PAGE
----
Arriving at the Pukaskwa

“YOU ARE HERE!” the map at the Hattie’s Cove Visitors Centre told us. “Here” was the trailhead of the Coastal Trail at Pukaskwa National Park, the result of a 2-day, 13-hour drive from Toronto, and a year’s worth of plans, training, dreams, and excitement.

A trip in the making since we completed the Coastal Trail at Lake Superior Provincial Park last season, our dream was to travel once again to the majestic Lake Superior region. We wanted to experience the ethereal beauty of the world’s largest freshwater lake: this time, in Pukaskwa National Park, four hours further north than last year’s trek.

Parks Canada is the federal body responsible for Pukaskwa, the only wilderness national park in Ontario.

Pukaskwa National Park protects over 1,800 square kilometers of ecosystems that include boreal forest and the Lake Superior shoreline. Falling within the traditional territory of the Anishinaabe people, Parks Canada works collaboratively with local First Nations to protect and preserve the land and educate the public. By reputation, the Coastal Hiking Trail at Pukaskwa was more wild, remote, challenging, rugged, and beautiful than its Provincial Park counterpart. We had to find out for ourselves!

The Trip Planner (a park-issued mini-guidebook) told us that hiking times in Pukaskwa were based on a hiker averaging 0.9 mph (1.5 km/hr) over rugged and slippery terrain with a 35 lb (16 kg) pack. All hikers, we were advised, should be experienced backcountry hikers. The one-way Coastal Hiking Trail had no road access at the end; the only way out was to take a shuttle vessel back up the coast or to turn around and hike back. The cost of the boat was prohibitive for us; and so our plan was to hike the Coastal Hiking Trail to the end and back again, a total of 75 miles (120 km), allowing ourselves nine days to complete it.

After a brief orientation session with park staff and a final quick trip to the washroom, we were ready to begin. Every fiber of our being was twitching to get on the trail. It was time to make our Pukaskwa dream come true!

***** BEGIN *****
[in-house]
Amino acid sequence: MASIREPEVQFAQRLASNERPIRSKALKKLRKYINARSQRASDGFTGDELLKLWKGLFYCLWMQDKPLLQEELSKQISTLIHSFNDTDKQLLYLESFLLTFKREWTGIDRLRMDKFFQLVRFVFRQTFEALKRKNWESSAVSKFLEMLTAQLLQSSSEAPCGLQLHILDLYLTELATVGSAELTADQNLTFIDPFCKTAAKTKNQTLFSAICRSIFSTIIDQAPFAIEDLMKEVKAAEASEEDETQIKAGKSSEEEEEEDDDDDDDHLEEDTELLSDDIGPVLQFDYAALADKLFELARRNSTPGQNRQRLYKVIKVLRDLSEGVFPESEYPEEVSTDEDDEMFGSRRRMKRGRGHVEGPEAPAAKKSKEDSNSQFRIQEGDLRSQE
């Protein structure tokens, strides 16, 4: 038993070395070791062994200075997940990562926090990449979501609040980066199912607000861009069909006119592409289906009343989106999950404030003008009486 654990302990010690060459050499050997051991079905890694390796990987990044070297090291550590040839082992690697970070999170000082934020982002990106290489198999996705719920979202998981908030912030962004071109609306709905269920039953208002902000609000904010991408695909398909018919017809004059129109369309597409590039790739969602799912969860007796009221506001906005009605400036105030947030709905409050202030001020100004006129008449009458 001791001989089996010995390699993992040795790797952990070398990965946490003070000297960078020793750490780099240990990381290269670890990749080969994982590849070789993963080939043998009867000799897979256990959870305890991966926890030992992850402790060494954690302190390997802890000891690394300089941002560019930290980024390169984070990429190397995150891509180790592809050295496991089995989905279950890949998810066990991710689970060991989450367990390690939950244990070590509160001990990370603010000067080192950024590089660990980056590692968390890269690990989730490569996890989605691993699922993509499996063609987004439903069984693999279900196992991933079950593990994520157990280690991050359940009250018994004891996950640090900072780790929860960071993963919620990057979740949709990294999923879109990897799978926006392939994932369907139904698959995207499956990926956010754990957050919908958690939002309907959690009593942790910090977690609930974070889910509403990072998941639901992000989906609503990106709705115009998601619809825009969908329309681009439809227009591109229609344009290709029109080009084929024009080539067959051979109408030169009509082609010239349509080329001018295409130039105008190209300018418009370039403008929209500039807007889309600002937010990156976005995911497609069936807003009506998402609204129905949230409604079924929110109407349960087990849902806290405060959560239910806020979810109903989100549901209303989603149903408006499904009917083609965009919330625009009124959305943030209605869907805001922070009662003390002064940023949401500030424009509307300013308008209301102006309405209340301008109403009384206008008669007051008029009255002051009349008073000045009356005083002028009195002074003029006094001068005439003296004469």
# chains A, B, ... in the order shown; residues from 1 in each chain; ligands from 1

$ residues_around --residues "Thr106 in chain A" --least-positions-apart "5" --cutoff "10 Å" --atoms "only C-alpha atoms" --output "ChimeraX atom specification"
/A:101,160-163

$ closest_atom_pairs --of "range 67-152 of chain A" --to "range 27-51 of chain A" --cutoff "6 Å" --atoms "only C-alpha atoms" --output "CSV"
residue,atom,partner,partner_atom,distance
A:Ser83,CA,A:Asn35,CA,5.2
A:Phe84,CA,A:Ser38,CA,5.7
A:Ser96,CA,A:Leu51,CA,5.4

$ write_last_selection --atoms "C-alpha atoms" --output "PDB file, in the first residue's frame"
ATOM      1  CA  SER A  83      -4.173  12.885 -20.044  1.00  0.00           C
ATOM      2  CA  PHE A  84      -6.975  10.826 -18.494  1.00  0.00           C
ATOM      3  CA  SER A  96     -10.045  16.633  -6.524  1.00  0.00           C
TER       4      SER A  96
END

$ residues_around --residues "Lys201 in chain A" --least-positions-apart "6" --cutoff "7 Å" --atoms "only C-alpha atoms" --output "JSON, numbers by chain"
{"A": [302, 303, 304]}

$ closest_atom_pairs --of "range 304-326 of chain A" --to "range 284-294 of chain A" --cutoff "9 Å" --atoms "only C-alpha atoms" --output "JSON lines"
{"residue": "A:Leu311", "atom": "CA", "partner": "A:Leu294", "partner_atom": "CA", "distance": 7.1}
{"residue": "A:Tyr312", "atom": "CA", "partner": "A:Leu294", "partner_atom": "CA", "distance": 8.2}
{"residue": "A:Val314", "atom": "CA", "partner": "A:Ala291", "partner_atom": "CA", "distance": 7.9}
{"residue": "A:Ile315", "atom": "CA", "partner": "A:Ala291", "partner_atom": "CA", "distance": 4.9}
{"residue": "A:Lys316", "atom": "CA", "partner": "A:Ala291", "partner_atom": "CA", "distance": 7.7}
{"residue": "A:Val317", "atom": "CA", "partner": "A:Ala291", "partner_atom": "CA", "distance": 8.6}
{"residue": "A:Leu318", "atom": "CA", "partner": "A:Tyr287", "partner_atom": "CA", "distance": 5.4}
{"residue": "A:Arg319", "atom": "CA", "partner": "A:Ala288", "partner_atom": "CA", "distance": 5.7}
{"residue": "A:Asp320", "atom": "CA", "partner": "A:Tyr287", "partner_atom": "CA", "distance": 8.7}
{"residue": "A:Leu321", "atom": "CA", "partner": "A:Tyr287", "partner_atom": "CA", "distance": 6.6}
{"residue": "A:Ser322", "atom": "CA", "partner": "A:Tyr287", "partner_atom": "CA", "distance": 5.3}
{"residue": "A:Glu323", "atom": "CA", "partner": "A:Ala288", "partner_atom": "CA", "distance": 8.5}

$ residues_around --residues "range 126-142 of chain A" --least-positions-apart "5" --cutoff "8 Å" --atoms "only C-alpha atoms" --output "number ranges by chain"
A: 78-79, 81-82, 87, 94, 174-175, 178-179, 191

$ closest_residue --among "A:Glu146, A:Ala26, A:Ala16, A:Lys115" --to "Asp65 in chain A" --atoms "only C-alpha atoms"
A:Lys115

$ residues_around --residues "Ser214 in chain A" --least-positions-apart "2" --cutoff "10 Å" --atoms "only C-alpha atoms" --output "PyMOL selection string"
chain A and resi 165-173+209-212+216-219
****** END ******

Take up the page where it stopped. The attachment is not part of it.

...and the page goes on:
Overview map, Pukaskwa National Park, Lake Superior
Pukaskwa National Park is located south of the town of Marathon, Ontario, in the Thunder Bay district of Northern Ontario, Canada. Established in 1978, Pukaskwa for its vistas of Lake Superior and its boreal forests. The park covers an area of 1,878 sq. km. (725 sq. mi.) and protects part of the longest undeveloped shoreline anywhere on the Great Lakes.

Day 1: The Adventure Begins

Hattie's Cove, Pukaskwa National Park Coastal Trail, Lake Superior
Adventure awaits! The trail leaving from Hattie’s Cove.
  • Day 1: Aug 30, 2015
  • Destination: Hattie’s Cove to Willow River
  • Distance: 11 miles (17.5 km)
  • Time: 7 hours
  • Average Speed: 1.6 mph (2.5 km/hr)
  • Ascent/Descent: 1411 ft/1398 ft (430 m/426 m)

Leaving Hattie’s Cove, Pukaskwa’s Coastal Hiking Trail first traversed through the park’s successful 2012 prescribed burn site, with interpretive signs educating us about the burn and illuminating the cycle of life, death and rebirth of the northern boreal forest.

Turning inland, the trail became a wooden boardwalk wandering through a marshy wetland.

Moss Covered Pukaskwa National Park Coastal Trail, Lake Superior
Traversing inland through dense, moss-covered trail.

Leisurely meandering its way back into the forest, the trail caressed our feet with a carpet of thick green spongy moss. Small inland lakes and waterfalls seemed to greet us around every bend.

Crossing through a beach strewn with enormous driftwood timbers, we learned to step lightly as the log drivers of long ago must have done.

And finally, as we approached the coast, the trail reluctantly surrendered to the ancient, rugged geology of the Canadian Shield and the tenacious Jackpine.

If there is one tree that reflects the spirit of the wilderness and the rugged beauty of Northern Ontario more than any other, it would have to be the resilient Jackpine. One of the hardiest of the pines, its long needles, flexible branches, rough bark, and long stringy roots can withstand freezing winds, blowing ice and snow, drought, and even forest fires. It can grow on hilly, rocky terrain and sandy soil. It has learned to adapt and survive in its harsh environment. It is a real Canadian! It has become our favourite tree and a symbol of our adventures in Ontario’s north backcountry.

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